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Songs

Der Bräutigam und die Birke (1851) Op.119 no.3


Part of a series or song cycle:

Drei Gedichte (Op.119)


Der Bräutigam und die Birke

Birke, des Waldes Zier,
Will Hochzeit machen,
Brauch viele Sachen,
Was schenkst du mir?
„Ich schenke dir einen grünen Strauss,
Den trägst du bei deinem Hochzeitsschmaus.“
Der grüne Strauss gefällt mir sehr
Birke, was schenkst du mir noch mehr?
„Ich schenke dir eine Rute,
Die kommt deinen Kindern zugute.“
Die schwanke Rute gefällt mir sehr;
Birke, was schenkst du mir noch mehr?
„Ich schenke dir einen Besen rauh,
Den führt mit Fleiß die junge Frau.“
Der rauhe Besen gefällt mir sehr;
Birke, was schenkst du mir noch mehr?
„Ich schenke dir einen Peitschenstiel,
Den schwingst du über den Rossen viel.“
Der Peitschenstiel gefällt mir sehr;
Birke, was schenkst du mir noch mehr?
„Ich schenk dir auch den Wein dazu;
Laß träufeln mein Blut, so hast du Ruh.“
Der Birkensaft gefällt mir sehr;
Birke, was schenkst du mir noch mehr?
„Ich hab nun alles gegeben dir,
Es bleibt nur noch das nackte Leben mir.“
Birke, so lebst du dir selbst zur Pein;
Will Hochzeit machen,
Brauch viele Sachen,
Komm mit und heize mein Kämmerlein!

The bridegroom and the birch tree

Birch tree, beauty of the woods,
I am to marry,
I need many things,
What will you give me?
‘I’ll give you a green bouquet,
For you to carry at the wedding feast.’
The green bouquet pleases me very well,
Birch tree, what else will you give me?
‘I’ll give you a birch,
For the benefit of your children!’
The slender birch pleases me very well;
Birch tree, what else will you give me?
‘I’ll give you a sturdy broom
For your young wife to sweep with.’
The sturdy broom pleases me very well;
Birch tree, what else will you give me?
‘I’ll give you a whip-stick
To use on the backs of many horses.’
The whip-stick pleases me very well;
Birch tree, what else will you give me?
‘I’ll give you wine as well;
Let my sap run, and you’ll be happy.’
The birch-sap pleases me very well;
Birch tree, what else will you give me?
‘I’ve given you now all I possess,
All I have left is my very life.’
In which case, birch tree, your life’s a burden;
I am to marry,
I need many things,
Come with me and heat my little room!
Translations by Richard Stokes, author of The Book of Lieder (Faber, 2005)

Composer

Robert Schumann was a German composer and influential music critic. He is widely regarded as one of the greatest composers of the Romantic era. Schumann left the study of law, intending to pursue a career as a virtuoso pianist. He had been assured by his teacher Friedrich Wieck that he could become the finest pianist in Europe, but a hand injury ended this dream. Schumann then focused his musical energies on composing.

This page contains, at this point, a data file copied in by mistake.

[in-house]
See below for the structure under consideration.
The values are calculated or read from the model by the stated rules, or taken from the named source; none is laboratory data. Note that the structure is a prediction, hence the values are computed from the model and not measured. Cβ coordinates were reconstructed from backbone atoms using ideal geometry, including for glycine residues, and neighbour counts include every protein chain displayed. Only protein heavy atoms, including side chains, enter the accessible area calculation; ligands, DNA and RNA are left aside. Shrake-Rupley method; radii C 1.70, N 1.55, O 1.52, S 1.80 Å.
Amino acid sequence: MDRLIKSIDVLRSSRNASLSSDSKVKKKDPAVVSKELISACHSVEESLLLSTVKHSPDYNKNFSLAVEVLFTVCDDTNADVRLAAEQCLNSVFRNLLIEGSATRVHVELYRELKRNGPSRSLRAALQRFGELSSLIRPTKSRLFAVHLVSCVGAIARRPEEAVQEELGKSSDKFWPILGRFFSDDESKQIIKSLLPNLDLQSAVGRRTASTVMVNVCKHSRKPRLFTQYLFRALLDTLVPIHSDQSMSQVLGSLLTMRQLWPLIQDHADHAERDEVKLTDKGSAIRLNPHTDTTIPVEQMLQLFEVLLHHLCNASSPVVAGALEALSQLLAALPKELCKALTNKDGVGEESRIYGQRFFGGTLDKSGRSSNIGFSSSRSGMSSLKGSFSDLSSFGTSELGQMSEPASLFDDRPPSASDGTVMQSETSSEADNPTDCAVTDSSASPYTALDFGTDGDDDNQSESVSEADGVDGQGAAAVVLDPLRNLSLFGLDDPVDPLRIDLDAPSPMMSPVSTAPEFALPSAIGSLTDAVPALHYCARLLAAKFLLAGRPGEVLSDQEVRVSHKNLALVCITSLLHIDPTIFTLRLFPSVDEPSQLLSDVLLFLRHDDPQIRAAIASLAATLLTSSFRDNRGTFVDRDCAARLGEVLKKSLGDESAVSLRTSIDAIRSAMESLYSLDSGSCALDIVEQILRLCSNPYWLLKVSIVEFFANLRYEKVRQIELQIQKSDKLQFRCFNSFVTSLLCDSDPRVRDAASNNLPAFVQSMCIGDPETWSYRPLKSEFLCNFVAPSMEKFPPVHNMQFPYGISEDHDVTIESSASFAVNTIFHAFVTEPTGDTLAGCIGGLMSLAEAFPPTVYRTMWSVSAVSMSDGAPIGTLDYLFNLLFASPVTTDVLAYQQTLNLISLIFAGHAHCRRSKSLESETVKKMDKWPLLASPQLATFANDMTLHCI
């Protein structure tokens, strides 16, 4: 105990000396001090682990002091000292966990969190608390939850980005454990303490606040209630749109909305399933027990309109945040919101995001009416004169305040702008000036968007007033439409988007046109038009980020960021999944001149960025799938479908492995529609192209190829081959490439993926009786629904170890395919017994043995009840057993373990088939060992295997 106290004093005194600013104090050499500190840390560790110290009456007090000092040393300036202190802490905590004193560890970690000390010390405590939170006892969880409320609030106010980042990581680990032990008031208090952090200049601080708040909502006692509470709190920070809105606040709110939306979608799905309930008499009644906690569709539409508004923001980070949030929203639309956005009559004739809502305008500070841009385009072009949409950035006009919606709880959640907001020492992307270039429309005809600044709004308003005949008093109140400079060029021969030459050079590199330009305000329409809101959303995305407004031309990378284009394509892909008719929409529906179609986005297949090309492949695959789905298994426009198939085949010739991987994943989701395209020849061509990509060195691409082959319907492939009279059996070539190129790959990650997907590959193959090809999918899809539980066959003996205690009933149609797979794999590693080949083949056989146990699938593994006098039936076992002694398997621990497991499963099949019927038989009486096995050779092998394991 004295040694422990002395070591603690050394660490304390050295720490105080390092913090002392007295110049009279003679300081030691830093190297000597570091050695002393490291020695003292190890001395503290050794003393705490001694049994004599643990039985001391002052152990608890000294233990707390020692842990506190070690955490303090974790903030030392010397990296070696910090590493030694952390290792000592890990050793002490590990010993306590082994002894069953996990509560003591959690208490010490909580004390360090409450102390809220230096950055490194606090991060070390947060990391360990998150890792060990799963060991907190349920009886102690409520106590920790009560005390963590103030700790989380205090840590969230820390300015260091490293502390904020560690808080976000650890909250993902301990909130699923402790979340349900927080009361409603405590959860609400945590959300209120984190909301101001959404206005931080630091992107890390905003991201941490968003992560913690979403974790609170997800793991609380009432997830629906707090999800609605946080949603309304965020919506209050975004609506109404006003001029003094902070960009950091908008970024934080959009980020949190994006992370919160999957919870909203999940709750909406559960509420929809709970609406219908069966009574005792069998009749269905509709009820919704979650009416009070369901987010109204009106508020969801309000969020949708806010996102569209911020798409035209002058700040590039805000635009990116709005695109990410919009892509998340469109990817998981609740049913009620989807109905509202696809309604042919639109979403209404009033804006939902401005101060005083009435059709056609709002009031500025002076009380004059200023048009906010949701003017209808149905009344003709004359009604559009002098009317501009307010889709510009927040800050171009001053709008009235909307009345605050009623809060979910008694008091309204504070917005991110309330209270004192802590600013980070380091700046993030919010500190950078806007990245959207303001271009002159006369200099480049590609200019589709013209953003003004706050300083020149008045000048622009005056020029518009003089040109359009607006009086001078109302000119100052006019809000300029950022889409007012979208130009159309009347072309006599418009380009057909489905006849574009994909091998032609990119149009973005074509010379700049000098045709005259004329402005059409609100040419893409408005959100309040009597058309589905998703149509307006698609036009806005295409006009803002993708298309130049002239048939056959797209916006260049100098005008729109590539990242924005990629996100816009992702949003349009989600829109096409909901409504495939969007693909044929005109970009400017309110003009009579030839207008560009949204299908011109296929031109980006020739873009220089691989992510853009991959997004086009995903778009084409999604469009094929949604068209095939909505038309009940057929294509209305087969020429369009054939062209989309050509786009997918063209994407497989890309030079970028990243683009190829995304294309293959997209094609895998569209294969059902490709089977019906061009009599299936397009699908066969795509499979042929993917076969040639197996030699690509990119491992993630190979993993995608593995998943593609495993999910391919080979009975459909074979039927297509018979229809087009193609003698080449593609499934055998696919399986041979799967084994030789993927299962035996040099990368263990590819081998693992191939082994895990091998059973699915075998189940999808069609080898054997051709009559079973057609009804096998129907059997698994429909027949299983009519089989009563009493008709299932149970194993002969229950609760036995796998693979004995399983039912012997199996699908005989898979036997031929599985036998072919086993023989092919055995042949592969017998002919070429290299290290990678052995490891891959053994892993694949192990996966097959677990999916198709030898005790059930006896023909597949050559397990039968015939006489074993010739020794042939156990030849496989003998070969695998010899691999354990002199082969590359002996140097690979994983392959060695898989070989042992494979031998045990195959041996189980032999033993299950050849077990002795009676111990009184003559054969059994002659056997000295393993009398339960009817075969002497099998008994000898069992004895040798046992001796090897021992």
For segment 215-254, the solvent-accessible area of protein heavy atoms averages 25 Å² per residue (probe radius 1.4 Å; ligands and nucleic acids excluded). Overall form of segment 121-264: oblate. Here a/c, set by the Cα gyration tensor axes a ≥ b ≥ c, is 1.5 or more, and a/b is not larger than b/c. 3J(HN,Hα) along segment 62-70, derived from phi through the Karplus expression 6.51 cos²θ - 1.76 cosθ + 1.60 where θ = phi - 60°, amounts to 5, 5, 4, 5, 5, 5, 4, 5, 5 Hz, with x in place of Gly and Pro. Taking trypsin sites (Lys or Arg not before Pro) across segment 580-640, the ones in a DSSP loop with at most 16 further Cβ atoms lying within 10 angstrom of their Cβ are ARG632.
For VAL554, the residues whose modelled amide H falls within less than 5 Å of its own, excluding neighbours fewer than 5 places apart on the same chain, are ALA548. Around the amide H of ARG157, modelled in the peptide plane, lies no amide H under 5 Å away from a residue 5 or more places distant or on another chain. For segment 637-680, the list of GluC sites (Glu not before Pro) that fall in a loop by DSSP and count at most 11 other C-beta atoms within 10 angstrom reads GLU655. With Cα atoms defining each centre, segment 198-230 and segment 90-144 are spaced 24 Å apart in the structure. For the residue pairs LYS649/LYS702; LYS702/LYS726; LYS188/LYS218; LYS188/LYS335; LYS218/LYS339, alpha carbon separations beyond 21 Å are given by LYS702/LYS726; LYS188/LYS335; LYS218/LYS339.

Schumann's published compositions were written exclusively for the piano until 1840; he later composed works for piano and orchestra; many Lieder (songs for voice and piano); four symphonies; an opera; and other orchestral, choral, and chamber works. Works such as KinderszenenAlbum für die JugendBlumenstück, the Sonatas and Albumblätter are among his most famous. His writings about music appeared mostly in the Neue Zeitschrift für Musik (New Journal for Music), a Leipzig-based publication which he jointly founded.

In 1840, Schumann married Friedrich Wieck's daughter Clara, against the wishes of her father, following a long and acrimonious legal battle, which found in favor of Clara and Robert. Clara also composed music and had a considerable concert career as a pianist, the earnings from which formed a substantial part of her father's fortune.

Schumann suffered from a lifelong mental disorder, first manifesting itself in 1833 as a severe melancholic depressive episode, which recurred several times alternating with phases of ‘exaltation’ and increasingly also delusional ideas of being poisoned or threatened with metallic items. After a suicide attempt in 1854, Schumann was admitted to amental asylum, at his own request, in Endenich near Bonn. Diagnosed with "psychotic melancholia", Schumann died two years later in 1856 without having recovered from his mental illness.

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Poet

August Konrad Gustav Pfarrius (31 December 1800 – 15 August 1884) was a German poet and teacher, celebrated as the „Sänger des Nahetals“ after his homeland on the left bank of the Rhine.

Born in Hedessheim near Bad Kreuznach, he interrupted theological studies in Halle and moved to Bonn to take up Latin, French and history with Ernst Moritz Arndt, becoming acquainted with Hoffmann von Fallersleben, Karl Simrock and Heinrich Heine. Appointments to teaching positions took him to Saarbrücken (1823) and Köln (1834): in 1858 he built a villa, Haus Herresberg, near Remagen.

He is remembered in the English-speaking world for three songs set by Robert Schumann as Opus 119.

Taken from Wikipedia. To view the full article, please click here.


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